Xavière van Rooyen
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“ Hi! I am Xavière and I am working towards a world with inclusive and impactful experiences through social design and UX-design.”

Take a look at my previous work:

Crafting Inclusive and Impactful Experiences through Social Design and UX

Co-designing vibrations without vision and hearing

I included people with deafblindness in design processes to help them communicate their haptic expertise.

Keywords:     Deafblindness, Co-design, vibrotactile communication
Project:          Master thesis

The aim  was to create a tool and method that, when used in combination, enable designers and haptic experts (people with deafblindness), to collaboratively design meaningful  vibrations (personal solutions) for any given situation.
The tool ‘Shape2Vibe’ developed to this purpose, consists of a basic black board with multiple copies of four different shapes on it, each shape representing a particular vibration. In addition, the board has a white, round playbutton, a playfield, and a vibration output. The vibration output is activated  (a) simply by positioning a shape on the playfield (irrespective of the number of individual shapes already on the playfield, only the last one put on the playfield activates the vibration output), or (b) by pushing the playbutton in which case the complete sequence of vibrations is played, from left to right: A rhythm. This way various combinations (rhythms) can be created for different kinds of situations.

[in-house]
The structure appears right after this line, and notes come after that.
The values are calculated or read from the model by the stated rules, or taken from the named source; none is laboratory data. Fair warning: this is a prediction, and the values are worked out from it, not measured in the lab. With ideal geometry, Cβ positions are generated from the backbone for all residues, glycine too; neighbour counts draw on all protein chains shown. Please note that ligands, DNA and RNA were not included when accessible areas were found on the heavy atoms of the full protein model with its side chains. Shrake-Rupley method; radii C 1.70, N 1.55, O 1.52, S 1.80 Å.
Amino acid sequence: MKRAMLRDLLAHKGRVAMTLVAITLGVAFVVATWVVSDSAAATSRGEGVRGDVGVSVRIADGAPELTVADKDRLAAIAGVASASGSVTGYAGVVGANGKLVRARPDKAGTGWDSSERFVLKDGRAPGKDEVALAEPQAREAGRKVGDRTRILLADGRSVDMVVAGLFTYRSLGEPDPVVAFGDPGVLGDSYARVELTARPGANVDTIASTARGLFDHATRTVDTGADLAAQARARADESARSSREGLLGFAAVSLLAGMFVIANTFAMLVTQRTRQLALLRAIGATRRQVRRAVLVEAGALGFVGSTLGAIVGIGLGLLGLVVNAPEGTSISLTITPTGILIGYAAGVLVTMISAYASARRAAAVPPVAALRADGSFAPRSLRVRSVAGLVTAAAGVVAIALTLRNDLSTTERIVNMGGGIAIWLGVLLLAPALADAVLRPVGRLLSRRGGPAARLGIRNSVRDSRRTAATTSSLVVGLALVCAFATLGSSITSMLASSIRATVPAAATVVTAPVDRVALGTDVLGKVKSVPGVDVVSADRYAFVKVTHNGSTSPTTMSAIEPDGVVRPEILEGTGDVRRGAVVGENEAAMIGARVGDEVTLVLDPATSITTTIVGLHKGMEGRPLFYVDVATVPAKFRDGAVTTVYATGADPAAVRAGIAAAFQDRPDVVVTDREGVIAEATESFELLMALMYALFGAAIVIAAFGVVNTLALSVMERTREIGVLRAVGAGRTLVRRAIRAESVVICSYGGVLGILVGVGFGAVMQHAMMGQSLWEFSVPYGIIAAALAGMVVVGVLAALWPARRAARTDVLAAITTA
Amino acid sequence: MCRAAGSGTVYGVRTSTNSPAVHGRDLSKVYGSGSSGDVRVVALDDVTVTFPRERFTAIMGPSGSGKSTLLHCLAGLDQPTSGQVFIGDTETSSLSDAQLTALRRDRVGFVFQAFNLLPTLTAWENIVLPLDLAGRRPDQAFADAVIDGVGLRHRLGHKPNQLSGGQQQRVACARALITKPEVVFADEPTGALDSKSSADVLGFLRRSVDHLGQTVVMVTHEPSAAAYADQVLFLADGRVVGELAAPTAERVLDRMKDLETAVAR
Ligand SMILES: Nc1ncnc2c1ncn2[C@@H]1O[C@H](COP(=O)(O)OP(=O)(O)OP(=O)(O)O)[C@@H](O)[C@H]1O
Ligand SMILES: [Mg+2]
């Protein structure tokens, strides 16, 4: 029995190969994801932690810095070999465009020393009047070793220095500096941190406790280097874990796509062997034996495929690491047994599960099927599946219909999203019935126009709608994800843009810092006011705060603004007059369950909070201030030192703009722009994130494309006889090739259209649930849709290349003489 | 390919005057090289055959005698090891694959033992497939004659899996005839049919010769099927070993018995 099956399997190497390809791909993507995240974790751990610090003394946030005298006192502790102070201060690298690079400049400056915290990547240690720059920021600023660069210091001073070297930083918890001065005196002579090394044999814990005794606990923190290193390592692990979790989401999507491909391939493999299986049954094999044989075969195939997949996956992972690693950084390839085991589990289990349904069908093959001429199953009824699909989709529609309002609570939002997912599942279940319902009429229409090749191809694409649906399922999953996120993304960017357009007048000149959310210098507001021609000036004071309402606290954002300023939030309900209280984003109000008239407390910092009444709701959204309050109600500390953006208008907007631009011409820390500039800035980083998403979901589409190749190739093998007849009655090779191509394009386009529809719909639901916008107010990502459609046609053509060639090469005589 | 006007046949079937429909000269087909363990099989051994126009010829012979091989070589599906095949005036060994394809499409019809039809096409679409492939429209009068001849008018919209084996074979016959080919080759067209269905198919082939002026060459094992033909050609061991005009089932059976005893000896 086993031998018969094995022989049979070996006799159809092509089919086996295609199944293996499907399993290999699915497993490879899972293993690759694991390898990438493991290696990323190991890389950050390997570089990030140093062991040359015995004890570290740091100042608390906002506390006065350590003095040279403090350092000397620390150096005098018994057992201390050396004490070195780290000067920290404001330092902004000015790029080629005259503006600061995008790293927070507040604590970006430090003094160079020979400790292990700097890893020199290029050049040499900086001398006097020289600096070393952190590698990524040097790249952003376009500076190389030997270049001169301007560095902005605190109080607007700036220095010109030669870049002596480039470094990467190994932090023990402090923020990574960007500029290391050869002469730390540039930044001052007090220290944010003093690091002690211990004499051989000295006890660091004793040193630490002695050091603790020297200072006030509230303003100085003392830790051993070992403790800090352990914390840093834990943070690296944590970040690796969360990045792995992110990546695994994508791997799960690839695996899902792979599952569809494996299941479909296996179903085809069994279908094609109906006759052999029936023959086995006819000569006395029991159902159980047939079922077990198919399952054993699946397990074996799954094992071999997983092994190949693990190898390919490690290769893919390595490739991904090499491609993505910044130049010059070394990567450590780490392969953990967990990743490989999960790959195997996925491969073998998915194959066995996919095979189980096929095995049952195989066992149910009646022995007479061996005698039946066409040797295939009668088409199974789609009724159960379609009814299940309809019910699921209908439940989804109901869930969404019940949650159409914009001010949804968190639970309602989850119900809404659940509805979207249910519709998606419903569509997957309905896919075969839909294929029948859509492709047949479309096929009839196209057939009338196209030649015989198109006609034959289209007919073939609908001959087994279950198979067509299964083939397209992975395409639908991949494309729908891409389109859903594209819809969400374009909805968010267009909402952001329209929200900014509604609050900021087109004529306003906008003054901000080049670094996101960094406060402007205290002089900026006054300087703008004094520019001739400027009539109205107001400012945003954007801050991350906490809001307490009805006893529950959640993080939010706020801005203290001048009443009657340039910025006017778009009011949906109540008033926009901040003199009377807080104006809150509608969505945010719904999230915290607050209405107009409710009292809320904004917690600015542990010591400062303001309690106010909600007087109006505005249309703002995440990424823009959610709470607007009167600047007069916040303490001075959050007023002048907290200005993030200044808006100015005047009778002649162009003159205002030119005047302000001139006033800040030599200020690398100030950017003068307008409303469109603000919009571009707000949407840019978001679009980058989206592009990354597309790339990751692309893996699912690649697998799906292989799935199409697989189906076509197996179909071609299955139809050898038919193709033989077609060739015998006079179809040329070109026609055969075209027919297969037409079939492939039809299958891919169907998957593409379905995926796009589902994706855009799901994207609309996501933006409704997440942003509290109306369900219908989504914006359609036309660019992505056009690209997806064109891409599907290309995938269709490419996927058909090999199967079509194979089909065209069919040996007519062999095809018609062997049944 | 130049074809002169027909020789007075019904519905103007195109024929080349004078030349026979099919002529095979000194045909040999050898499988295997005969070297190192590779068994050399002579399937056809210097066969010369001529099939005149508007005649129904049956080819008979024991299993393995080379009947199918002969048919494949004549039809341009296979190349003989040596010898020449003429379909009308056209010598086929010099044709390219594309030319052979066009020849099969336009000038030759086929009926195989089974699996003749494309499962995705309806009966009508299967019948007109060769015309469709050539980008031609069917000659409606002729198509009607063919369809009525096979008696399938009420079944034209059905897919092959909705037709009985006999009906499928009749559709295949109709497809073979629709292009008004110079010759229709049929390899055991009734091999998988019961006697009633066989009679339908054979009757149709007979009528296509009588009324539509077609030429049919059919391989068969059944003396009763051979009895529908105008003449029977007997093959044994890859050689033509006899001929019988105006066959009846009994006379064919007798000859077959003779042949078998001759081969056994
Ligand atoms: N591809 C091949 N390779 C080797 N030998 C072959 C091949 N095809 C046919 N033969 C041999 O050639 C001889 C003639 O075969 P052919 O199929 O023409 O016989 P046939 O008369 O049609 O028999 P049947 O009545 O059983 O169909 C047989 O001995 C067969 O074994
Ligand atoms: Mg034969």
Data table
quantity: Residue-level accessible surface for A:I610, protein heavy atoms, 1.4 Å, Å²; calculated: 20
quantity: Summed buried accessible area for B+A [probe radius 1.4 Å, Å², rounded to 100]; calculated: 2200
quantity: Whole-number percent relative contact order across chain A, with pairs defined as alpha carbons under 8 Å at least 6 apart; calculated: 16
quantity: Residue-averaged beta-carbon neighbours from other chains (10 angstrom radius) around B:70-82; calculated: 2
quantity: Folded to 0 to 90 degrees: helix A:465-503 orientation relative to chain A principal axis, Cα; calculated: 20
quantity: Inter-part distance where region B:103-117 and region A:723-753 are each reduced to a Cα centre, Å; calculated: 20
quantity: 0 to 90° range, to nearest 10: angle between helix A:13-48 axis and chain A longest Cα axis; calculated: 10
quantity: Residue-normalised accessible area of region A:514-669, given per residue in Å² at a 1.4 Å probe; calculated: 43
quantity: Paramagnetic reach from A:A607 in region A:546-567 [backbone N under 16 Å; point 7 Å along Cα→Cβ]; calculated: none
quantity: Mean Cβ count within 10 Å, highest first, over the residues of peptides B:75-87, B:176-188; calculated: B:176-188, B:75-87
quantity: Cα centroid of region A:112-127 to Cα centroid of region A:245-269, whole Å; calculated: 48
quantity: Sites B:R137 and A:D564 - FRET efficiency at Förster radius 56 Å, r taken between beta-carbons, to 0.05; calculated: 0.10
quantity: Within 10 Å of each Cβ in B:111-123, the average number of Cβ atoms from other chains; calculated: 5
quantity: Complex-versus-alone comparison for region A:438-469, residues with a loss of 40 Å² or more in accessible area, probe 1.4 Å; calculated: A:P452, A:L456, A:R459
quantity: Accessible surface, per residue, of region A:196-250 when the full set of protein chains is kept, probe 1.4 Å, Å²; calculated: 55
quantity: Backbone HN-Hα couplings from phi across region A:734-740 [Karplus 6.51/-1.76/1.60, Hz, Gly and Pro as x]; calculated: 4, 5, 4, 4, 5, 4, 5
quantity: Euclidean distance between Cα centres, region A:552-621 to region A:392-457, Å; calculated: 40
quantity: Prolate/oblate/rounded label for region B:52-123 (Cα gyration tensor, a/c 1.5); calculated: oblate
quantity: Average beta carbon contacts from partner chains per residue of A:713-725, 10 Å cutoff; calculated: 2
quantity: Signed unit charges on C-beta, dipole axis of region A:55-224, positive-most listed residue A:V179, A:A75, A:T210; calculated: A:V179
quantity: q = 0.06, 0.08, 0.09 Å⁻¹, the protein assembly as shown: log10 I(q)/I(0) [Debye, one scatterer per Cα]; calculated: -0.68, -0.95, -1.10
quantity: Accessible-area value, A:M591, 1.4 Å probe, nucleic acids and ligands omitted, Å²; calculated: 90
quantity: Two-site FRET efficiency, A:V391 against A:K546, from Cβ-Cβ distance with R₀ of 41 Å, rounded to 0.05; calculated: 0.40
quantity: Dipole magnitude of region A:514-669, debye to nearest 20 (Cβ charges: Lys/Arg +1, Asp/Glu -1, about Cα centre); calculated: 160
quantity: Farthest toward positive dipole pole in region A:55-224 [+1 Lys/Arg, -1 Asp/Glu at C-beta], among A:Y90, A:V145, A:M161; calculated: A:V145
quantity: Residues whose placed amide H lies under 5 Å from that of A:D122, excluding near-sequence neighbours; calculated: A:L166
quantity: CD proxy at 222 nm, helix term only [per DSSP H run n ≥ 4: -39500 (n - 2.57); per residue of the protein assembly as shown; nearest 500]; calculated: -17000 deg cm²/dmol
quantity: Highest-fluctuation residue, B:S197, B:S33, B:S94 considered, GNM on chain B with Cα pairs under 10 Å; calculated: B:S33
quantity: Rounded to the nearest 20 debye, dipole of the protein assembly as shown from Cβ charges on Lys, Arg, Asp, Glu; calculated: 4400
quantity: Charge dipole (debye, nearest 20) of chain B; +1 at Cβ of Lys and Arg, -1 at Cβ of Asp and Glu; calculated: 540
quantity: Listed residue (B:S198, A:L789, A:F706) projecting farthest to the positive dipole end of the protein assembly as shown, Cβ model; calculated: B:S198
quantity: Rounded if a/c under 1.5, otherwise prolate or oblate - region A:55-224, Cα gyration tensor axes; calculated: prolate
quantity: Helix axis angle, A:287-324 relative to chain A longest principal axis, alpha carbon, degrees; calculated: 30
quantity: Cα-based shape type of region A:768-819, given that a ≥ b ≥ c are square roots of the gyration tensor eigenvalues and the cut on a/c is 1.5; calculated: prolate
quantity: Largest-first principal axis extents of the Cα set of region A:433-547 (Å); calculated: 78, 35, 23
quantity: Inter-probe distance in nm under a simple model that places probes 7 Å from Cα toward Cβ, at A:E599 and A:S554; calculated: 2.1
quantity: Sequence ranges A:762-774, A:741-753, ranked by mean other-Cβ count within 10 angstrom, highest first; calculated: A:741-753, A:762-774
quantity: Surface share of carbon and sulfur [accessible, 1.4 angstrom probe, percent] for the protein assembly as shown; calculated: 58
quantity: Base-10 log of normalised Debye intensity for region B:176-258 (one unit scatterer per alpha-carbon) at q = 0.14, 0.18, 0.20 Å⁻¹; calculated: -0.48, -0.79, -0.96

The shapes in this tool represent vibrations from the DRV2605 library's waveform graph. In a clay modeling experiment, participants felt a vibration and shaped clay to match their perception. The clay results served as a source of inspiration for the shapes.  The picture below shows a photo taken during the evaluating test. What is striking to see is that while the designer  (left) communicates her idea for a vibration, the sign interpreter (right) translates what the designer is saying. The haptic expert - the individual with deafblindness - (middle) feels what the designer is saying, while at the same time holding the motor in her hand. This way, the tool supports the designer and haptic expert to communicate ideas about vibrations.
I had the pleasure of presenting my research during the Tangible Embedded Interfaces conference in Cork. The paper can be found here.

Xavière van Rooyen, Gijs Huisman, Myrthe Plaisier, and Sylvia Pont. 2024. Shape2Vibe: A tangible tool for vibrotactile co-design with people with deafblindness. In Eighteenth International Conference on Tangible, Embedded, and Embodied Interaction (TEI ’24), February 11–14, 2024, Cork, Ireland. ACM, New York, NY, USA, 9 pages. https://doi.org/10.1145/3623509.3635264